Review: The Chemical Brothers are back with their 10th studio album (mixes and soundtracks not withstanding), and they're sounding especially fired up. The widescreen stadium psychedelia they've made their own spills out in abundance across "No Geography", but it's also matched with a feverish energy. The more up-tempo tracks, like "Gravity Drops" and "Eve Of Destruction", spit and snarl with the best of their classic, down and dirty dancefloor material, but there's plenty of space for the starry eyed songwriting they've made their own in more recent times. Just cop "The Universe Sent Me" and be immediately transported to a festival field, where you'll no doubt be catching The Bro's this summer.
Gorgon City & Duke Dumont - "Real Life" (feat Naations)
Blame (feat Josh Barry)
Go Deep (feat Kamille & Ghosted)
Let It Go (feat Naations)
One Last Song (feat JP Cooper)
Never Enough (feat Chenai)
Hear That (feat D Double E)
All Four Walls (feat Vaults)
Love Me (feat Lulu James)
Overdose (feat Josh Barry)
Night Drive (feat Kelly Kiara)
Review: North London duo Gorgon City have pushed the boat out on this follow-up to hit 2014 debut album, Sirens, delivering a set of radio-friendly vocal dance cuts that brilliantly blend their usual retro-futurist house and garage rhythms with thrilling pop hooks and musical flourishes variously inspired by '90s piano house, R&B, dancehall, grime and UK garage. The expansive cast list of collaborators and guest vocalists is naturally impressive, with pal Duke Dumont, grime pioneer D Double E, R&B chanteuse Kamile, Josh Barry, JP Cooper and Vaults amongst the strongest contributors. As crossover dance albums go, Escape is pretty nifty.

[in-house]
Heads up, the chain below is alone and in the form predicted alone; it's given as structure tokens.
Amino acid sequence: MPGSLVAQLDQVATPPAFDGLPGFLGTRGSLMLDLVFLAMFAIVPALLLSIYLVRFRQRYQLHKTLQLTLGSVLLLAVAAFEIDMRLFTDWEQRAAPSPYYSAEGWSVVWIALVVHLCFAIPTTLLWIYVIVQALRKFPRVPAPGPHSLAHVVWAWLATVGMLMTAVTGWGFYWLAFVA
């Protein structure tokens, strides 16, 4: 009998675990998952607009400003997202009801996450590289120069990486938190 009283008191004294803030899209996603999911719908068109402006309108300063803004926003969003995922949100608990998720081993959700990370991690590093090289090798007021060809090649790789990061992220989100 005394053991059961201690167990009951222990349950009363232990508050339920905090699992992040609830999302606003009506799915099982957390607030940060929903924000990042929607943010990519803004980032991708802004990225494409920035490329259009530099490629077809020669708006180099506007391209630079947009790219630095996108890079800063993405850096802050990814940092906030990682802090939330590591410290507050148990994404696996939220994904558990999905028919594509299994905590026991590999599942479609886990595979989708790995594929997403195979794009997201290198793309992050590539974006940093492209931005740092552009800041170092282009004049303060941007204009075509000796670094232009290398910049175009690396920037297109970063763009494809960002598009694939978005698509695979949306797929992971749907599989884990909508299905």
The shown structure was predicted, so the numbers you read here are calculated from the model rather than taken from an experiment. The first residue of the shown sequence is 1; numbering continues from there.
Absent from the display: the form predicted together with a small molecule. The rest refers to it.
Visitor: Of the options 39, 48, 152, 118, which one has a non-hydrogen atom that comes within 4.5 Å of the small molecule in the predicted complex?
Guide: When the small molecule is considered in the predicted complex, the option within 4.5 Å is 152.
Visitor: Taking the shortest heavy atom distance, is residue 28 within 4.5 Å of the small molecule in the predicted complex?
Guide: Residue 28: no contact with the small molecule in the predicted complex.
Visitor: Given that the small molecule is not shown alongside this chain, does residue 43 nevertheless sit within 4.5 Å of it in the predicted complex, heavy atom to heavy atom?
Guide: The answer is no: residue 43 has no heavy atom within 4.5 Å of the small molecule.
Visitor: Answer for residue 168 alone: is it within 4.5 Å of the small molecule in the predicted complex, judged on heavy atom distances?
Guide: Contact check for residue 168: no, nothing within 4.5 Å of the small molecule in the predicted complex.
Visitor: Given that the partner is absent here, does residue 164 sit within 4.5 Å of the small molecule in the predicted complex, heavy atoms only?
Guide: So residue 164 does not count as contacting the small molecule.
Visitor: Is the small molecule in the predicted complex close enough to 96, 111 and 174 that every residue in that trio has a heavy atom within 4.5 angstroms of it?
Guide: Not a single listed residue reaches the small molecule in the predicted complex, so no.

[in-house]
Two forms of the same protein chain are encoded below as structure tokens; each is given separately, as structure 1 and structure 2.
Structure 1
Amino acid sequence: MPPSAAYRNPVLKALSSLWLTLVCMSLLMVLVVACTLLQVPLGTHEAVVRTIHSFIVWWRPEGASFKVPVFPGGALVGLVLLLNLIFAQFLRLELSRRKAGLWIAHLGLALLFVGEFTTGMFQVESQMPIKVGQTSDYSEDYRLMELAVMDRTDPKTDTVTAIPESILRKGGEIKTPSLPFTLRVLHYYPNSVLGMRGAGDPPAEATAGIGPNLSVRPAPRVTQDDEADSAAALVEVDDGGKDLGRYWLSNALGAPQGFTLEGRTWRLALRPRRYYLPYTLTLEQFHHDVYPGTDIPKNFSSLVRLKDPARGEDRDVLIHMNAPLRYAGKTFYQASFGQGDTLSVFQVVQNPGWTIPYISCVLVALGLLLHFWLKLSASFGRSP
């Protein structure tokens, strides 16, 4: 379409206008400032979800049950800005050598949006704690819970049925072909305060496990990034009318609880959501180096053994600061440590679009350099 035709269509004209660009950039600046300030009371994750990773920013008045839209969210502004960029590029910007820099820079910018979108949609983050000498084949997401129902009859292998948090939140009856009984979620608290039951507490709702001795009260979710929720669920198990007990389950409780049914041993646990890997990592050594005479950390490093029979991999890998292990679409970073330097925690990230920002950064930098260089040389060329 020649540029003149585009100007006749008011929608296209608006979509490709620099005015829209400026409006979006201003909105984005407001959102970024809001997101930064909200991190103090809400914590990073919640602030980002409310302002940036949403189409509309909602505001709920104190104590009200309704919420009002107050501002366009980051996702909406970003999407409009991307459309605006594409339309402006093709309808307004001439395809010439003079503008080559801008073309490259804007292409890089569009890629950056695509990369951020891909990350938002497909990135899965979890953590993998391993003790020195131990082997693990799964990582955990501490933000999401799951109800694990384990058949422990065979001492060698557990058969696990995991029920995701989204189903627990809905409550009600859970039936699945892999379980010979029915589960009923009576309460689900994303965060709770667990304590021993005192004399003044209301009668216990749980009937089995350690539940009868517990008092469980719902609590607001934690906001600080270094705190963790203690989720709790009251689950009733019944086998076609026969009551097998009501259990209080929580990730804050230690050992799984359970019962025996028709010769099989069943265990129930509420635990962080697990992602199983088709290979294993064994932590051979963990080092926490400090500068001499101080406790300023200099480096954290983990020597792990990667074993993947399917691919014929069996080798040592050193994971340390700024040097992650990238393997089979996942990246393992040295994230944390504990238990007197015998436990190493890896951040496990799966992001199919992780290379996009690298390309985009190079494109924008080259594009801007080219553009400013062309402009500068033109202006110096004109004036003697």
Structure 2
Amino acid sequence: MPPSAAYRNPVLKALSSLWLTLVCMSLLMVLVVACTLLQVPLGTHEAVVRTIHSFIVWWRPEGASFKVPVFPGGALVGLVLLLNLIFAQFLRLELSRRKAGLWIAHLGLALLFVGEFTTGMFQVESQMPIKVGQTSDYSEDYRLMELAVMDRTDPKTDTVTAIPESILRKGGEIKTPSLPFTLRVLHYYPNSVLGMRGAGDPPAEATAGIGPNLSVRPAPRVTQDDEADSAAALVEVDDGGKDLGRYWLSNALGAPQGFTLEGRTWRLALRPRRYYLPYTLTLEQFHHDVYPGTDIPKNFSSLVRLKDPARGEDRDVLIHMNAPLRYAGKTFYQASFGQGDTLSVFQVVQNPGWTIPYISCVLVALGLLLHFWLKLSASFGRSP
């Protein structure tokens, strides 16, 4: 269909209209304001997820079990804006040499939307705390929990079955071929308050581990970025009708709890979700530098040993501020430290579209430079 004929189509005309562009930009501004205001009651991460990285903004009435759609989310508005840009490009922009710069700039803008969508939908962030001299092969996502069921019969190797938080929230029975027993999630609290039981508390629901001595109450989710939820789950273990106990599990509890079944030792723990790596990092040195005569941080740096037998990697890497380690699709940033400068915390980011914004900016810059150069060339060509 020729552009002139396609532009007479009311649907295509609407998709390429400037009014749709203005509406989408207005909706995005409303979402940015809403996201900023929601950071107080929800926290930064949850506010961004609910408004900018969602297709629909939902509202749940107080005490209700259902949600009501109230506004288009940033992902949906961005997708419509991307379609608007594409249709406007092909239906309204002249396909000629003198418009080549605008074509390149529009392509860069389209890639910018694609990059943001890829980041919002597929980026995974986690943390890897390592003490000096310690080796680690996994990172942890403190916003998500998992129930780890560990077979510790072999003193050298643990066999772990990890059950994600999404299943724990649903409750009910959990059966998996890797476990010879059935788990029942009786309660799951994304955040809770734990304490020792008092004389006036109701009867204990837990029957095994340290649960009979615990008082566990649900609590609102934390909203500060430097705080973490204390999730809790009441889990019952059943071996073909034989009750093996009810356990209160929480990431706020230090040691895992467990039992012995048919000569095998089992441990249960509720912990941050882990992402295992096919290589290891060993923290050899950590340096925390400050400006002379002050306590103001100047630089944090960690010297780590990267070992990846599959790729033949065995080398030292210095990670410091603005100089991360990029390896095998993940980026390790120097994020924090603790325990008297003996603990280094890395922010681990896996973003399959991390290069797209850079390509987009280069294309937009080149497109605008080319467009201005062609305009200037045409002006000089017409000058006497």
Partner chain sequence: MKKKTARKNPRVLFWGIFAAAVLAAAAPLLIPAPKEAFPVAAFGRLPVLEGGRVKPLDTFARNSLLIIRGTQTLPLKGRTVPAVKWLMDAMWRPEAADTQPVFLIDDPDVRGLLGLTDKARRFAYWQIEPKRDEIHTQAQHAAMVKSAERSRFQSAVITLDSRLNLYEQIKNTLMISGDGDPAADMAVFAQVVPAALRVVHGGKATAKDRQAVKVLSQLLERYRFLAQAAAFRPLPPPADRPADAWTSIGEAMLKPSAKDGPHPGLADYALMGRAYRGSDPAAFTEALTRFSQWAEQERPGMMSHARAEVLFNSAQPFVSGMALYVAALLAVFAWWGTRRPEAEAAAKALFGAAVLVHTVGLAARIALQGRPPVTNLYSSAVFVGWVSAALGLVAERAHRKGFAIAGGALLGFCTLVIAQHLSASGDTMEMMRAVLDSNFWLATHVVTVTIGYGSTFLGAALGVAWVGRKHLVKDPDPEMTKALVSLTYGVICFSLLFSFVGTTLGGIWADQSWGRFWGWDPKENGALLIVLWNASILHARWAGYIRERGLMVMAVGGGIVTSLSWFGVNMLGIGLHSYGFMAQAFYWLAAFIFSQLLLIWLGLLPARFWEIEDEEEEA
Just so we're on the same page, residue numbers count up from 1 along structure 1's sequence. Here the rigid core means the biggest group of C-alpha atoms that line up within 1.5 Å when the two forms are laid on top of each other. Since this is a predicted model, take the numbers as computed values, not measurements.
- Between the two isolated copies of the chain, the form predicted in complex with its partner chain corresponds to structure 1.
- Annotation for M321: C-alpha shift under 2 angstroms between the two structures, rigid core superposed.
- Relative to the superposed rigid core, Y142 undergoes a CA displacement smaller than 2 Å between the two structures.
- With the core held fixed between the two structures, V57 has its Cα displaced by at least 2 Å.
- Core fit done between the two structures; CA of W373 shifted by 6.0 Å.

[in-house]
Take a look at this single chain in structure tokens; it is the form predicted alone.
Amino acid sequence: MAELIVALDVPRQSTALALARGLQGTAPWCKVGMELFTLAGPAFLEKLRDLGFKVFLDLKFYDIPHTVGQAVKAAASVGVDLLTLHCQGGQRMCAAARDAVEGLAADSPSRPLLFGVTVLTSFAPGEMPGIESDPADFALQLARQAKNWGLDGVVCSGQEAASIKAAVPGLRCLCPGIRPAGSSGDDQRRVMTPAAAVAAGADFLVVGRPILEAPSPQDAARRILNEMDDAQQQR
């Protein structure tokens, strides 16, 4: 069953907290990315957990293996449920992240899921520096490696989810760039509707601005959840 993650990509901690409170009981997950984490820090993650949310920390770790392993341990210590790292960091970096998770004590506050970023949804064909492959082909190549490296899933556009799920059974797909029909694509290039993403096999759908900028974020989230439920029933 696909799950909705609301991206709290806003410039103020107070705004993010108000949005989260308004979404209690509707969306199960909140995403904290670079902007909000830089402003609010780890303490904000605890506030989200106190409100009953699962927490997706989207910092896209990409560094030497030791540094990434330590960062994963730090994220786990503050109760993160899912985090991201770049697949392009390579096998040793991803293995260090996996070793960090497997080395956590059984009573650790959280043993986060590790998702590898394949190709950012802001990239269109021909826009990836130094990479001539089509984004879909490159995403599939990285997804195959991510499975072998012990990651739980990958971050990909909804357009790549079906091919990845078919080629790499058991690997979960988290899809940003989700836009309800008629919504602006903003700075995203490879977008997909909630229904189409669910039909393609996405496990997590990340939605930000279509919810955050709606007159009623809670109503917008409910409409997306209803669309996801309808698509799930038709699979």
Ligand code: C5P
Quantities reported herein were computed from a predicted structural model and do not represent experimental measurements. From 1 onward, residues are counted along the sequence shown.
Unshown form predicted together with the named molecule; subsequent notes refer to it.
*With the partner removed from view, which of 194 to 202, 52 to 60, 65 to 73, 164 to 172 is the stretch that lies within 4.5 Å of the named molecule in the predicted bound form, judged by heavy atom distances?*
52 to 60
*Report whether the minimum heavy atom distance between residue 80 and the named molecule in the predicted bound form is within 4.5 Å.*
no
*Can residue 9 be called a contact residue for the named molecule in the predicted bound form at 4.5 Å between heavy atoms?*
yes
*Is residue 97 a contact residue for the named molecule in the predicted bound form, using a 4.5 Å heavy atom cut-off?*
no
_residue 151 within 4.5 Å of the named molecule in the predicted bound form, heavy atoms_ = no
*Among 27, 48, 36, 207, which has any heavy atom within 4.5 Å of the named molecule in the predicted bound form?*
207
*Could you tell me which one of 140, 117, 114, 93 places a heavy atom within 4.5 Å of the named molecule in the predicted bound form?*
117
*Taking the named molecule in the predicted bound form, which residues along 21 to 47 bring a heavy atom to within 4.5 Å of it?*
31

Review: When The Prodigy's The Fat of The Land first appeared back in 1997, it captured the mood of the times. By blending the psychedelic obsession of the Chemical Brothers and the rock-obsessed rhythms of big beat with their usual rave-influenced nastiness, Liam Howlett and company blew the competition out of the water. Almost overnight, they became international dance music's most in-demand live act. 15 years on, the album's lost none of its sparkle. This celebratory edition presents the remastered album in full, alongside a sextet of remixes. While they don't all hit the mark, Major Lazer and Noisia's booming reworks of "Smack My Bitch Up" are pretty darn tasty.
Review: Polish jazz re-constructors Skalpel return after a six-year hiatus with a sumptuous new album of low slung mood pieces that channel their homeland's illustrious musical history. Since they first surfaced on Ninja Tune many moons ago, the duo have mined a fertile seam of smoky, cinematic musicality that's modern in outlook even if it's classic in its sound sources. They're sounding particularly effervescent on this latest set, with tracks like "Cold Air" bursting with joy but never at the expense of that cool-headed vibe that has been their calling card for more than 15 years.
Review: After releasing a number of singles solo, Ingram worked with Carl Craig, Anthony Shakir and Kenny Dixon, Jr. for Urban Tribe's first full-length album on MoWax. He is best known for one of the all-time great Detroit Techno classics, 'Covert Action', which appeared on the legendary Retroactive imprint in 1990, to be reissued by Planet E in 2002. Prior to that he worked on one of Kirk DeGiorgio's New Electronica albums, all the way back to the beginning with Juan Atkins & 'NASA' in 1987. Most people would recognize him today by his 'Drexciyan DJ Stingray' moniker, as his electric sessions have entertained world wide in recent years.
Review: Urban Tribe hooks up with Veteran producer Sherard Ingram, perhaps best known as the mysterious Drexciyan DJ Stingray. Here they drop an new long player on Rephlex, entitled "Acceptable Side Effects".